The pace of regulatory change continues to change and with it demands – not always wise – for ever more transparency and disclosure. Family offices around the world are finding the process increasingly concerning.
A survey of more than 250 single-family offices worldwide shows that more than half of them (53 per cent) worry about rising demands for global transparency and information exchange – obviously important concerns for these traditionally discreet institutions.
Almost half (48 per cent) of SFOs said increasing complexity of cross-border tax compliance is a burden and 46 per cent said regulatory uncertainty has become a problem since the pandemic erupted two years ago, according to the study from EY.
With many family members travelling regularly across borders, 72 per cent of SFO respondents highlight concerns about the potential tax implications of remote working, suggesting that enthusiasm for abandoning traditional work practices has its limits.
“The global tax landscape is transforming almost beyond recognition. Governments around the world are looking for new sources of revenue in the wake of the Covid-19 pandemic and other economic pressures. Beyond the huge implications emerging from global tax reform, SFOs must also watch tax authorities’ increasing moves toward digitalisation, tax sustainability issues and the tax consequences of remote working,” Kate Barton, EY global vice chair – tax, said.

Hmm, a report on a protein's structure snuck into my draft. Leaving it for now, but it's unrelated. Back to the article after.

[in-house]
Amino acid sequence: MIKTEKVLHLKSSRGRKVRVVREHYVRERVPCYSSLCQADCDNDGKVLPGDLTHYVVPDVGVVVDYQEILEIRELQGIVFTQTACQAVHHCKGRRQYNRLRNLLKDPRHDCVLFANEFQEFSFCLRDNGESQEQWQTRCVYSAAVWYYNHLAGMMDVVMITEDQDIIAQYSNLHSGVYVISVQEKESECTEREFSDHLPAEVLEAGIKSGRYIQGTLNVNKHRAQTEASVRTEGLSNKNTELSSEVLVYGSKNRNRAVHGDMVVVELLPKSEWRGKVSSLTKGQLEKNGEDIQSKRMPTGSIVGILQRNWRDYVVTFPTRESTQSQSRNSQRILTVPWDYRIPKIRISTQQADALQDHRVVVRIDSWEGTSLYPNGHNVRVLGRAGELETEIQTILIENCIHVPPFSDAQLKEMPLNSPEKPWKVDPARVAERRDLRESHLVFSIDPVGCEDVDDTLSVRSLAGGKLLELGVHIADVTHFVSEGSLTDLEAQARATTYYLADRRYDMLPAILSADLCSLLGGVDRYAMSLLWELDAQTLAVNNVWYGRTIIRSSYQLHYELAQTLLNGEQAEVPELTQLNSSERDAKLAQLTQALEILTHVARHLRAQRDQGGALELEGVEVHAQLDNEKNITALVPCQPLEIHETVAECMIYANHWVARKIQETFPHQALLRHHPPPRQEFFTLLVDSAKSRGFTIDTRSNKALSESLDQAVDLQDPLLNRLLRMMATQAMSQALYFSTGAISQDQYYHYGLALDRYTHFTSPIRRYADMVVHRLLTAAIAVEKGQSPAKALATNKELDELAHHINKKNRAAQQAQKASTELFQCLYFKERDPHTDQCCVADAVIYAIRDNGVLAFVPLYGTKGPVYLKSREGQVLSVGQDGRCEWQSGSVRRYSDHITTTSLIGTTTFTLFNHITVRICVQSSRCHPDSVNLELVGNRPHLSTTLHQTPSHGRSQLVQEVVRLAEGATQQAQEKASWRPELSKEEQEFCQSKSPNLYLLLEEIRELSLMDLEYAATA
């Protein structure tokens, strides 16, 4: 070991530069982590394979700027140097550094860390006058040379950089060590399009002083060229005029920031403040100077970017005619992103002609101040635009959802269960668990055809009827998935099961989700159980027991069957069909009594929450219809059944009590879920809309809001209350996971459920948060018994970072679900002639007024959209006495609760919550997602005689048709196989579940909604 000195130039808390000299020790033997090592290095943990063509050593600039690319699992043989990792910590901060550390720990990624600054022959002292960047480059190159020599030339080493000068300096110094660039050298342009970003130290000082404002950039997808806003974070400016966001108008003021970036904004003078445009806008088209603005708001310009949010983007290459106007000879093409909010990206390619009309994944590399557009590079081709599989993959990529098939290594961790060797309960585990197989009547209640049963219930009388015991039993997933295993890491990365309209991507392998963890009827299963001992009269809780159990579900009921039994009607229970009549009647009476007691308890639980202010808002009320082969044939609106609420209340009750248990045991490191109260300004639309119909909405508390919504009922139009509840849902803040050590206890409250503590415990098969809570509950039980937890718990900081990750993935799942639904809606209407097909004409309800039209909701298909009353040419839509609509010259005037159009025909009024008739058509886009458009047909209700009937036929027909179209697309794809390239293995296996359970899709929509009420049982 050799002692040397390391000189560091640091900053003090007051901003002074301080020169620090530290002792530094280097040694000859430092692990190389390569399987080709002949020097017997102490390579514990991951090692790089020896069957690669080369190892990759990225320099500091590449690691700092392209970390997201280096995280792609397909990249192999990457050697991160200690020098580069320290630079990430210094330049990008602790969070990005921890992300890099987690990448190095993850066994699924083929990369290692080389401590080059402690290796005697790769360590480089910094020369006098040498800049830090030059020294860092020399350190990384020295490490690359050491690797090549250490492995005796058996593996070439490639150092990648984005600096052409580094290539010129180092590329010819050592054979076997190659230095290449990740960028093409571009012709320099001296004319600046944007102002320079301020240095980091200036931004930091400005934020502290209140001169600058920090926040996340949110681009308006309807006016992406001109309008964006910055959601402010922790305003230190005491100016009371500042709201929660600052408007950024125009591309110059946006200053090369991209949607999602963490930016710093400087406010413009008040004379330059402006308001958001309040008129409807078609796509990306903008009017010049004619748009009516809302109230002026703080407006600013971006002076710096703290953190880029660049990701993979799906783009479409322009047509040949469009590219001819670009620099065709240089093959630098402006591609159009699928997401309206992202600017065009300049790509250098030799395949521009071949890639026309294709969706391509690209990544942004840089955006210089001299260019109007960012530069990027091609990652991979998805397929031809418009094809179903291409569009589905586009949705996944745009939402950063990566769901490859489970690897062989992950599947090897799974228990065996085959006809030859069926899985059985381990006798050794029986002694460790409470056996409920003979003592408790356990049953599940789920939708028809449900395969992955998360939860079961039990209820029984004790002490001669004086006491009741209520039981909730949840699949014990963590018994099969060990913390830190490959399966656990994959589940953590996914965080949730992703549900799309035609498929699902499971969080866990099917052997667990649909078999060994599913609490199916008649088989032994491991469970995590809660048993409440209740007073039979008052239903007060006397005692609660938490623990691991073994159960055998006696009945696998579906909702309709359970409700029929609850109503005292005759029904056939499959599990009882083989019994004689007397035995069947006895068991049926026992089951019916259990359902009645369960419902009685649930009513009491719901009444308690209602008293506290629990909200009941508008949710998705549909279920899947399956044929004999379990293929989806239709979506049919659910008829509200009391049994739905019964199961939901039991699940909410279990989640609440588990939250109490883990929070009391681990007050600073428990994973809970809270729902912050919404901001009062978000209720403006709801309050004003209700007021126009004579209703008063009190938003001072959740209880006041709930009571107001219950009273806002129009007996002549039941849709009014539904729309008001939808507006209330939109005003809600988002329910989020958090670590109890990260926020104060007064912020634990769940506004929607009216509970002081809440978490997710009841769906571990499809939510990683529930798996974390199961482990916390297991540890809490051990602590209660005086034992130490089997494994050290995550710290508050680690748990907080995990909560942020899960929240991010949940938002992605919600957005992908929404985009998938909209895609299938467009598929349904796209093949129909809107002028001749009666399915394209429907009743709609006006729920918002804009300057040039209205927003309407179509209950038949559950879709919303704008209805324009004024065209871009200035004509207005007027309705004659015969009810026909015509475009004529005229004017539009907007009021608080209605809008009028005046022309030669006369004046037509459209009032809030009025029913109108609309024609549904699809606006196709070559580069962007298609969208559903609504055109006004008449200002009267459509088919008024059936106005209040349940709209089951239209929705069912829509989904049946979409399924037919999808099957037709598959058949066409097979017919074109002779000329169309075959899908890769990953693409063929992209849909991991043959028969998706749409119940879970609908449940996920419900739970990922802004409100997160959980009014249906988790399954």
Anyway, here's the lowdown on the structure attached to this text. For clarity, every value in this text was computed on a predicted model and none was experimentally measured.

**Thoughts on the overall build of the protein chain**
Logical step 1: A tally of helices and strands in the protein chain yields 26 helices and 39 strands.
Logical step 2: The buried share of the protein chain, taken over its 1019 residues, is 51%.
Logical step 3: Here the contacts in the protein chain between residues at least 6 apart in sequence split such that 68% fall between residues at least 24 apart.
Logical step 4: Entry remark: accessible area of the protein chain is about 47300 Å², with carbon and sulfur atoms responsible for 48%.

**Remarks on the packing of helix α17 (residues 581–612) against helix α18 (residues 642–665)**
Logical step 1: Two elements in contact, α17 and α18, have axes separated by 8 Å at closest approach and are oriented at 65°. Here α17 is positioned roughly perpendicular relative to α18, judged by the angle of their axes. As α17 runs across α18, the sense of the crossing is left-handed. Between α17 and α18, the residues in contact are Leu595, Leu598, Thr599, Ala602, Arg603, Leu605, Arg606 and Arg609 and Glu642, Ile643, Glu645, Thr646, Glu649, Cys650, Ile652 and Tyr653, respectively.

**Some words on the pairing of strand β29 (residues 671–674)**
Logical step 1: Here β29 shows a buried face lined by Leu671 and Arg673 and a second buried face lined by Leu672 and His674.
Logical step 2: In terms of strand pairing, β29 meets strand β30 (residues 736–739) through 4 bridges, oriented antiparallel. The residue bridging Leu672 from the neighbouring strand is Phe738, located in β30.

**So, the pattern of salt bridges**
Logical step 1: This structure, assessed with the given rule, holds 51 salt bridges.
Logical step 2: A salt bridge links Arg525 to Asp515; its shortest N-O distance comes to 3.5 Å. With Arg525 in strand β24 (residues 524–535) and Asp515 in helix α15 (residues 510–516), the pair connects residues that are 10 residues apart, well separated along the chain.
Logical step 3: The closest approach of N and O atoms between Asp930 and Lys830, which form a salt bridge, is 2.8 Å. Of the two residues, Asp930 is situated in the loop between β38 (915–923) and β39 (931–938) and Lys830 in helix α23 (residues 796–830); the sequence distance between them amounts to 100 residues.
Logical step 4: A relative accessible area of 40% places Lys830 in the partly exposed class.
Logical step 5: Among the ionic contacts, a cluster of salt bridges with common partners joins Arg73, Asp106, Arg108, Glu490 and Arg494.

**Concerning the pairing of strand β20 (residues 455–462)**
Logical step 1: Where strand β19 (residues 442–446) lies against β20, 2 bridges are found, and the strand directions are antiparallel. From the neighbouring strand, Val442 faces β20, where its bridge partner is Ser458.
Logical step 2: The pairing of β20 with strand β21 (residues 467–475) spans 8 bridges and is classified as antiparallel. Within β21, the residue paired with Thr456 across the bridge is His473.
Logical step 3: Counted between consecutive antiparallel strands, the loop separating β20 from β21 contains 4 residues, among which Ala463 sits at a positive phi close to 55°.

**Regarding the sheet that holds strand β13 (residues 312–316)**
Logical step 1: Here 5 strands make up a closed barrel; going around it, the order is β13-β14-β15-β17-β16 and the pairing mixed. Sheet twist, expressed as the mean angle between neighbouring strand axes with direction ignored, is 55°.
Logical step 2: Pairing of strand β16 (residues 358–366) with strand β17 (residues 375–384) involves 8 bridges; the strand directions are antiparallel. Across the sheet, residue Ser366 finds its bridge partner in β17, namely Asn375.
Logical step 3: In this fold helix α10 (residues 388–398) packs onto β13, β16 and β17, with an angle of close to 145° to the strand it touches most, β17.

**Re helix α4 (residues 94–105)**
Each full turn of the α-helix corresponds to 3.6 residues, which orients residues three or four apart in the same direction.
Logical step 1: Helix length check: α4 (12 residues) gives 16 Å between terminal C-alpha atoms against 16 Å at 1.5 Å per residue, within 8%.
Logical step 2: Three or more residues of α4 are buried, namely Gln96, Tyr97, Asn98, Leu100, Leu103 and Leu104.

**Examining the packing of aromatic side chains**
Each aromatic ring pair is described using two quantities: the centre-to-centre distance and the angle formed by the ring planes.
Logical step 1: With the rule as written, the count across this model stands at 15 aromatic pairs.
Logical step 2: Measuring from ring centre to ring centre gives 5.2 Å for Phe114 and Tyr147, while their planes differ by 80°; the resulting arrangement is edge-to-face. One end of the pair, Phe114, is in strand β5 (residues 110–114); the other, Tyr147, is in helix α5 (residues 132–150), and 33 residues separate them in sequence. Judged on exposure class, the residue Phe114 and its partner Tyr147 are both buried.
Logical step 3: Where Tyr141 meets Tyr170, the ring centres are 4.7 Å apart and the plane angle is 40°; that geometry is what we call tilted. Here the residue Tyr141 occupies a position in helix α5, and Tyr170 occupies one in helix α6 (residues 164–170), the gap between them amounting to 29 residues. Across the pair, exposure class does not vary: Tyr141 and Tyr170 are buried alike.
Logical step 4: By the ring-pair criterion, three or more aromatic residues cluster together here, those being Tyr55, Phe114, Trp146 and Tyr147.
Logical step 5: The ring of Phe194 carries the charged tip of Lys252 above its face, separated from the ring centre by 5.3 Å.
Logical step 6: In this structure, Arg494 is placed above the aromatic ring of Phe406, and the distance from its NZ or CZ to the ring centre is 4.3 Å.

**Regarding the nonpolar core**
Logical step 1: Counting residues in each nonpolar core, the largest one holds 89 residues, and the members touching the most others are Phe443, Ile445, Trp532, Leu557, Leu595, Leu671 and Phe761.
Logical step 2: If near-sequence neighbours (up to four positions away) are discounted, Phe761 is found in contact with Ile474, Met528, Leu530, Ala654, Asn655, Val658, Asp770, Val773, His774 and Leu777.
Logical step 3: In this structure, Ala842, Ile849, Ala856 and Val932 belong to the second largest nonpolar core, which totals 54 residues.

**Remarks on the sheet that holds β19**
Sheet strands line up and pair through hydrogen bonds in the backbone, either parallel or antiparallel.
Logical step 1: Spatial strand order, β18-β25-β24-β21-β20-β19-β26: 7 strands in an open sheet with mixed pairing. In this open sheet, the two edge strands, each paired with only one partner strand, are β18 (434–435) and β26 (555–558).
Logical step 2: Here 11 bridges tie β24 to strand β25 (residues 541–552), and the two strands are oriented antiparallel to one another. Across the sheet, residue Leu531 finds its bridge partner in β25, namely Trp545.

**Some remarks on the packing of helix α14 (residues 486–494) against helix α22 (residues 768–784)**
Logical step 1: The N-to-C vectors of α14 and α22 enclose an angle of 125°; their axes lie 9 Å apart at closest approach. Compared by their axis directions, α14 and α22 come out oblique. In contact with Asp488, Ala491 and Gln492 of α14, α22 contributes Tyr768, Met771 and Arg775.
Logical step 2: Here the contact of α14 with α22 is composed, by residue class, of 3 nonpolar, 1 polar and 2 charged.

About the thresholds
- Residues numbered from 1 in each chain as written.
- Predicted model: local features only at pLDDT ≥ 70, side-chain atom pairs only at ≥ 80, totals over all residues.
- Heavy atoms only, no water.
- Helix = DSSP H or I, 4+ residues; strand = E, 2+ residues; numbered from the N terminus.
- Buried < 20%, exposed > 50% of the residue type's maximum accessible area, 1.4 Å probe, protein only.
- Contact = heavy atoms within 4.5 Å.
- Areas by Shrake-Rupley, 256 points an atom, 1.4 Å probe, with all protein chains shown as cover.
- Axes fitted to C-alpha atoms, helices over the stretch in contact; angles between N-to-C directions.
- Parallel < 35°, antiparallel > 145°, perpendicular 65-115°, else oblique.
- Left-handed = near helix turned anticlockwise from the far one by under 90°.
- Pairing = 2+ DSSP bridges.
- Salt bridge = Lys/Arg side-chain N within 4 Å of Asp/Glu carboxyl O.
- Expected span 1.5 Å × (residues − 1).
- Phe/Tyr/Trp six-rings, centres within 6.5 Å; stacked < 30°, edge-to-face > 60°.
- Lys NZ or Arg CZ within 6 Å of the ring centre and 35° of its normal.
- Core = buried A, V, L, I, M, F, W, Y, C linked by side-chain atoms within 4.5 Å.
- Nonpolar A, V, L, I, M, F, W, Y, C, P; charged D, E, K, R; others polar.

As governments around the world try to repair public finances after the pandemic, and curb inflation, the world’s wealthiest citizens fear that they are likely to be targeted for higher taxes. Also, some market mishaps, such as the collapse last year of New York-based hedge fund Archegos, which was structured as an SFO, have put family offices under an unwelcome regulatory spotlight.
Among other findings, the study showed that 64 per cent of respondents aren’t sure whether their tax operations perform robustly; respondents cited worries about processes, people, technology, cost management and risk monitoring.
EY’s study, which plots the attitudes of SFOs in 12 countries, explores challenges and opportunities that family offices give priority to over changes such as regulations, economic shifts, digital technology, changing risks and approaches to how families should govern themselves.
The authors of the report said that many families and SFOs expand how they define their goals beyond financial results, drawing in ideas about protecting the Earth, human rights and wellbeing, and the impact of business on communities. Some 83 per cent of respondents said tracking nonfinancial metrics is important. However, only 30 per cent of SFOs do much to measure performance of nonfinancial metrics.